Neanderthals less 'creative' than humans
November 8th, 2010
12:01 PM ET

Neanderthals less 'creative' than humans

We recently learned Ozzy Osbourne apparently has some genetic traces of Neanderthal in him, and now scientists are finding out even more about this extinct human relative.

The modern human brain and the Neanderthal brain began at about the same size at birth, but their skulls show that they began developing very differently within the first year of life, scientists say.

Neanderthals evolved more than 400,000 years ago, lived as hunter-gatherers in Europe and Asia, and went extinct about 30,000 years ago.

Judging by the archaeological record, Neanderthals were well-adapted to their particular environment, but they were not as creative in terms of hunting strategies or artwork – for example, they apparently did not make cave paintings the way their human contemporaries did.

Scientists at the Max Planck Institute for Evolutionary Anthropology scanned Neanderthals skulls and compared them with modern human skulls. Their results are published in the journal Current Biology.

Subtle changes in the early phases of brain development can have a huge impact on social cognition, communication, and how creative members of a species are, said study author Philipp Gunz of the  Planck Institute.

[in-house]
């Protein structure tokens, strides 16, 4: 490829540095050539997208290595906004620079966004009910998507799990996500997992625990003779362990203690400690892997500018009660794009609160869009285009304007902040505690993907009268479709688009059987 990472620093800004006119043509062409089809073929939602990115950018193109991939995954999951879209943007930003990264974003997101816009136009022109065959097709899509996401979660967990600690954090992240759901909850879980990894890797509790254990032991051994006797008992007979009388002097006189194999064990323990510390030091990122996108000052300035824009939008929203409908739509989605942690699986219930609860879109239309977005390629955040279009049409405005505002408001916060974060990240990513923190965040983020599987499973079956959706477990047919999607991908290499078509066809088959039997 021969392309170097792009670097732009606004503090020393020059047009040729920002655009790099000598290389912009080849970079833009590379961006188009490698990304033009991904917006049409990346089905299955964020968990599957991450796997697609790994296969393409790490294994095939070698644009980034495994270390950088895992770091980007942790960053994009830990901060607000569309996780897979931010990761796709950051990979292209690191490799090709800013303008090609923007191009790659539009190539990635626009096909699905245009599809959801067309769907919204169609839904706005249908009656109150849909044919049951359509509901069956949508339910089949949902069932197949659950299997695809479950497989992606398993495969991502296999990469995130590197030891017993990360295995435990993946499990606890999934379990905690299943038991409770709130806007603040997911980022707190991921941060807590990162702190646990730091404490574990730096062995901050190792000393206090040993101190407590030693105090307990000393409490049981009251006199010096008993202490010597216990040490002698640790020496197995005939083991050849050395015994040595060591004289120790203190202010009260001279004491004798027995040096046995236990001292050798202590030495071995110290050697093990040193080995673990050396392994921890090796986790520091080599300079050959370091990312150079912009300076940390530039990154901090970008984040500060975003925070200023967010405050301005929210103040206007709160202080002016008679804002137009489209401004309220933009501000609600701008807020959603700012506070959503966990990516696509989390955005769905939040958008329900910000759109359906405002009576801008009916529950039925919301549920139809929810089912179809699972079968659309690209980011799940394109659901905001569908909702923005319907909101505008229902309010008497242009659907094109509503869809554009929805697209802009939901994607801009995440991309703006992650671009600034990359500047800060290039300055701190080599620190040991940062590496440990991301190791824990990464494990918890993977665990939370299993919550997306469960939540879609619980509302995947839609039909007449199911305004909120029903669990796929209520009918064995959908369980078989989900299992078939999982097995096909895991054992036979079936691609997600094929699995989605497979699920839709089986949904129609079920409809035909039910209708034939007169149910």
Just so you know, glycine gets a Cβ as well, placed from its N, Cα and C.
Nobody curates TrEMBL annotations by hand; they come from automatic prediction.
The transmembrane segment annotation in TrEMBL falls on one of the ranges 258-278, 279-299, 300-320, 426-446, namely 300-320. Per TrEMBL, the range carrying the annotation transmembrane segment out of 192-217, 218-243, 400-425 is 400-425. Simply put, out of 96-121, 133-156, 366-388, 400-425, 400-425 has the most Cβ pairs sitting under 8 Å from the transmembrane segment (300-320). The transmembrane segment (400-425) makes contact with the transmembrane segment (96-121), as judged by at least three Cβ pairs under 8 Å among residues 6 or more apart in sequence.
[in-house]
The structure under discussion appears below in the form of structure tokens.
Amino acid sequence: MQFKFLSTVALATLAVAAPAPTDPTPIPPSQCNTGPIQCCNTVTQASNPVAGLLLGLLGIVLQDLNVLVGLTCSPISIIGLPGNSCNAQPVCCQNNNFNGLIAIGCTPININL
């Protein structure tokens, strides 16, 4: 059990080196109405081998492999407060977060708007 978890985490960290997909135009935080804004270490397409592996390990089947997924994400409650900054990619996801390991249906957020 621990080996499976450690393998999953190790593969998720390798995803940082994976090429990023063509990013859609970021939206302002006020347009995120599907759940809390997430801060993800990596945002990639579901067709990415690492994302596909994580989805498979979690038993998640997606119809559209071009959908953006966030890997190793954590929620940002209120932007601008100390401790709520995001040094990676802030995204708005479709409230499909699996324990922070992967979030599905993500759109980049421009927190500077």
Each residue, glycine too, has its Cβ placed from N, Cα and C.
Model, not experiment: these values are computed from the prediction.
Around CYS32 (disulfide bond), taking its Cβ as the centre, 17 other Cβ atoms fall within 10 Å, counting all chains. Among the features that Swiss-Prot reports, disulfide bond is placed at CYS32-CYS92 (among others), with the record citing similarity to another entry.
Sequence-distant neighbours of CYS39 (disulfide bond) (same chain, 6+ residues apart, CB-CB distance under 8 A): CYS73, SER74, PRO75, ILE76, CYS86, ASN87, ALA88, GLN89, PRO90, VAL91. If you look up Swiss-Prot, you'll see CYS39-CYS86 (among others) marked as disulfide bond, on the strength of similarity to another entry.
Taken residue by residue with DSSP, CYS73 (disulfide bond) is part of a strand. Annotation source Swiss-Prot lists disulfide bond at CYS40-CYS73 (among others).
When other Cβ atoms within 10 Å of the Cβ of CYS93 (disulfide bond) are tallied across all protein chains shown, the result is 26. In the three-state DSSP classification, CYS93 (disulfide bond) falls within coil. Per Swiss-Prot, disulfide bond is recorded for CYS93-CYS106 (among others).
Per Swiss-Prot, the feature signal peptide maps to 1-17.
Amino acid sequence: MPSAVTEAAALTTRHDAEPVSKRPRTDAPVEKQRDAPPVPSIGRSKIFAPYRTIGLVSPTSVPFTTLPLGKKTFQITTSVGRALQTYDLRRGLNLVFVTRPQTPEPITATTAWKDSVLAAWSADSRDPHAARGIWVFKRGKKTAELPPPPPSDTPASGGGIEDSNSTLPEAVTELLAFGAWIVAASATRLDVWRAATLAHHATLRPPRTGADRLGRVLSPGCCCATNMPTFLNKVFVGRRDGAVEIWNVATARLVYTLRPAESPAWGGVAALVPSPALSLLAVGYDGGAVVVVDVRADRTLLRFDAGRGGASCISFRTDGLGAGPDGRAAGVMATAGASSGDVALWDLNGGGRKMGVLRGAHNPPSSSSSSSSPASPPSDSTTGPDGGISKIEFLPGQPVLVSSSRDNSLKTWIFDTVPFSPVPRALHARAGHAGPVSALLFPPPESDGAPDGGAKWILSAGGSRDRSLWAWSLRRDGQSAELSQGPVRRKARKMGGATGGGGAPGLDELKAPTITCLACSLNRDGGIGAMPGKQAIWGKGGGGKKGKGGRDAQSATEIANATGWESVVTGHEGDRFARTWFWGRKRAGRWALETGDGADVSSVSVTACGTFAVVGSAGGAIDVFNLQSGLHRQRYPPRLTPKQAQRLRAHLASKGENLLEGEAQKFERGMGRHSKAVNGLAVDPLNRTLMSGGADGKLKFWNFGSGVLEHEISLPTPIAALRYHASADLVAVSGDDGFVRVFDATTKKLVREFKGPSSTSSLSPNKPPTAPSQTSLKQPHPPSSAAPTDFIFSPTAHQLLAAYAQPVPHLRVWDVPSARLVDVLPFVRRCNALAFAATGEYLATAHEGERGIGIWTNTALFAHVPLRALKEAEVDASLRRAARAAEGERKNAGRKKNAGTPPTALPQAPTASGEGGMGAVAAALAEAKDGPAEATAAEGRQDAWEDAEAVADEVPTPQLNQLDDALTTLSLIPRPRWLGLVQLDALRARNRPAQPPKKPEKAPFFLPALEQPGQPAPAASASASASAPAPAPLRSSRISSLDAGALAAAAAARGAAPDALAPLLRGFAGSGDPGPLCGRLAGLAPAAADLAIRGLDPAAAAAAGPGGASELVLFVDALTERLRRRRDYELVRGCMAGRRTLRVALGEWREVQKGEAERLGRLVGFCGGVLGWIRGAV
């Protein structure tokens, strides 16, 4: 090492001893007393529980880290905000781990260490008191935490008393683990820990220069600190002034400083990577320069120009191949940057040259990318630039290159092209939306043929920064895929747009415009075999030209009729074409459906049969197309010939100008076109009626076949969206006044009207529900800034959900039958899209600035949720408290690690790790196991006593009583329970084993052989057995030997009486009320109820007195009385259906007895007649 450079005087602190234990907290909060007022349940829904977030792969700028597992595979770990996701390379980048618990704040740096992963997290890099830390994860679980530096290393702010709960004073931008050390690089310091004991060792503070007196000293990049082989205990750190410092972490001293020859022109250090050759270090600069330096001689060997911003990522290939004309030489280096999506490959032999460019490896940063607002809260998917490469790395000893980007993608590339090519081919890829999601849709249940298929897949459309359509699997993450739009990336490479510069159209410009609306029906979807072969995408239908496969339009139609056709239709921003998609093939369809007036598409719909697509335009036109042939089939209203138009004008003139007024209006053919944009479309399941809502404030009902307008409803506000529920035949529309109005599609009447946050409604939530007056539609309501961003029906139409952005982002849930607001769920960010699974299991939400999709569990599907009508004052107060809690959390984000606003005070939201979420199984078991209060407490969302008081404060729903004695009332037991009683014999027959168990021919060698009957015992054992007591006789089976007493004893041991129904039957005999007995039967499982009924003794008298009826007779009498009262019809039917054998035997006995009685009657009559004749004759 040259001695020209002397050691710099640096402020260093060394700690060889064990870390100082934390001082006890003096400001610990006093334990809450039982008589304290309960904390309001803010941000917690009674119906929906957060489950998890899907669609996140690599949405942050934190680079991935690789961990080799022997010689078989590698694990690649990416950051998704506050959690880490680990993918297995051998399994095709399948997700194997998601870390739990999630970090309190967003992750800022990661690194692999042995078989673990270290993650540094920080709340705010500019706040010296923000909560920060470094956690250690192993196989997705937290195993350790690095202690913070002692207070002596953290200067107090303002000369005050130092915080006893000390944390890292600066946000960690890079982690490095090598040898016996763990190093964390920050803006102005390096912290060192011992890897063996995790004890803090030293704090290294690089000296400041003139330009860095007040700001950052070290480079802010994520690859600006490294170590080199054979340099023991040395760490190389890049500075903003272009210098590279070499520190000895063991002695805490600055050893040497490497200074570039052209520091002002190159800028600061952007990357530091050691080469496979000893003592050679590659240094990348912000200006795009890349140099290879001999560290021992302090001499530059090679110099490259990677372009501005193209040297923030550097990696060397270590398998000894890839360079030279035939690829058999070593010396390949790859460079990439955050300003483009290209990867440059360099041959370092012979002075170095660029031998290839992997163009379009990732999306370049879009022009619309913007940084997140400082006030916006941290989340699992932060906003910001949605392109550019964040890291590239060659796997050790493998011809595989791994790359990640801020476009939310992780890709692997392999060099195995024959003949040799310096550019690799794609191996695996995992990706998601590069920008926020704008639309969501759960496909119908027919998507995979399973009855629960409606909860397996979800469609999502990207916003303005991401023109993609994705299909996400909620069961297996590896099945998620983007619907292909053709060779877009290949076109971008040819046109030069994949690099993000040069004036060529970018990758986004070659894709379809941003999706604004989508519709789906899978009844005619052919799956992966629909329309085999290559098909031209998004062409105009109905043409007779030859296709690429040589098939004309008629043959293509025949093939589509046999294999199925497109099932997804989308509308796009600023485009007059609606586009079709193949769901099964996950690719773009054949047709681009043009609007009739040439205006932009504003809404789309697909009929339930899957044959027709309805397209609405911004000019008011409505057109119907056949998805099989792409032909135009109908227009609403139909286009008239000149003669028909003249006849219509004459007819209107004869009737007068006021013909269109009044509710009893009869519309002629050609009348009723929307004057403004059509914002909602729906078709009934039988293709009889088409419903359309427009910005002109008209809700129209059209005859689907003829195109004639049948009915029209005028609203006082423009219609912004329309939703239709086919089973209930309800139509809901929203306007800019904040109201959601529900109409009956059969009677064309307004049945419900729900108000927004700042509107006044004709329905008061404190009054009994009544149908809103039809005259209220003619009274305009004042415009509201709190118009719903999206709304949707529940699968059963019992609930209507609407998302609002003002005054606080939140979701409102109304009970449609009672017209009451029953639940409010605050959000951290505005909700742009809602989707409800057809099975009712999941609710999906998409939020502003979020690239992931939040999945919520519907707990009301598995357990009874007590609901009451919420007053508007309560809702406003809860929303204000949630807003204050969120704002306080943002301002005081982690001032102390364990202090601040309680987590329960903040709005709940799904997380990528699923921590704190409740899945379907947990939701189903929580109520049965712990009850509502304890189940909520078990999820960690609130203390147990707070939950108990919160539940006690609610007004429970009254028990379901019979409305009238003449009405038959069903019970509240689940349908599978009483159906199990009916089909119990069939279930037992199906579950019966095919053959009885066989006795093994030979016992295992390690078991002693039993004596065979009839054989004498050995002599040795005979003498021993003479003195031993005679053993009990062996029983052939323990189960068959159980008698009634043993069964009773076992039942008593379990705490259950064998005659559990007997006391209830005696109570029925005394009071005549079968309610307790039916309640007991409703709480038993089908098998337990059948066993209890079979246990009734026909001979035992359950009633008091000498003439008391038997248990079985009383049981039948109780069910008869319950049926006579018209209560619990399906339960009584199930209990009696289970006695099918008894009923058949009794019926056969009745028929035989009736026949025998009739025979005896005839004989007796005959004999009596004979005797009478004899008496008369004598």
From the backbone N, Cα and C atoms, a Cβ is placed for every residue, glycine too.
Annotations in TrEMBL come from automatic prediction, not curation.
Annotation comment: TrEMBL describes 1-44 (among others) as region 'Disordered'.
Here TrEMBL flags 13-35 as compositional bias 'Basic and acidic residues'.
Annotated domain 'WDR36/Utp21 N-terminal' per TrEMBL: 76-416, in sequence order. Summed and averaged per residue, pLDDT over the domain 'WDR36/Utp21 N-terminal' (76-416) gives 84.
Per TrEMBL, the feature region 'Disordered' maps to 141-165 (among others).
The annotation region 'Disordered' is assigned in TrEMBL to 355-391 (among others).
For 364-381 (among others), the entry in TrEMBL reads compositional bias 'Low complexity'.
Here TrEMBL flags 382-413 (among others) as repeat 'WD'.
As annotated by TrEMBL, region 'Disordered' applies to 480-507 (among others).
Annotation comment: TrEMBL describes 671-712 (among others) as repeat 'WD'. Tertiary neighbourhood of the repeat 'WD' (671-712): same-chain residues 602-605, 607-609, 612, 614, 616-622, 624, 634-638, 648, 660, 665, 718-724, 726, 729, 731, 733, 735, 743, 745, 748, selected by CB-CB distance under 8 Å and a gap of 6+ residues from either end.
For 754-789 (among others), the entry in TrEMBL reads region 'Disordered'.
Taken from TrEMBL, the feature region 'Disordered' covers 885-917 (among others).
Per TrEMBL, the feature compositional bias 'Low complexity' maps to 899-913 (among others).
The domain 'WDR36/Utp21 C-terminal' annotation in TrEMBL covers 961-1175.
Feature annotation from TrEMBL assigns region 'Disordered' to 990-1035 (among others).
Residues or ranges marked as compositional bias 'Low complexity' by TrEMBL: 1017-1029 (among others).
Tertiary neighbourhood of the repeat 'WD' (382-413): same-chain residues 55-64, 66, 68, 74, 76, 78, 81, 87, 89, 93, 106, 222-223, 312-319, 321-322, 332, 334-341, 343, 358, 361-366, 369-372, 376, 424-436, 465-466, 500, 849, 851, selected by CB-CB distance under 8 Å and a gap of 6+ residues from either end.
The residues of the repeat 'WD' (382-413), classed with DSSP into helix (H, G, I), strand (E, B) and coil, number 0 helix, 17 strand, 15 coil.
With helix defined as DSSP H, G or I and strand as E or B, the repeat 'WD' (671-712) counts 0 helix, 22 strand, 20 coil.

The pattern of brain development described in the study may point to a diminished inclination to communicate through art, and possibly also help explain why modern humans had advantages over Neanderthals, he said.

"If you are an artist you have to understand symbols, you have to understand meaning, you have to look at the world in the certain way, and it seems that Neanderthals, for 200,000 years, didn’t feel like it," Gunz said.

Modern humans had a higher reproduction rate, and were more flexible in terms of their hunting strategies, he said.

But before we feel too good about ourselves, remember that Neanderthals actually roamed the Earth longer than our own species, Homo sapiens.

"It's not like we can look down on them. We haven't made it that far yet," Gunz said. "Their extinction, I would say, is not a direct consequence of this particular brain development pattern." But the cognitive differences may explain biologically why modern humans showed this creativity and flexibility in their behavior, he said.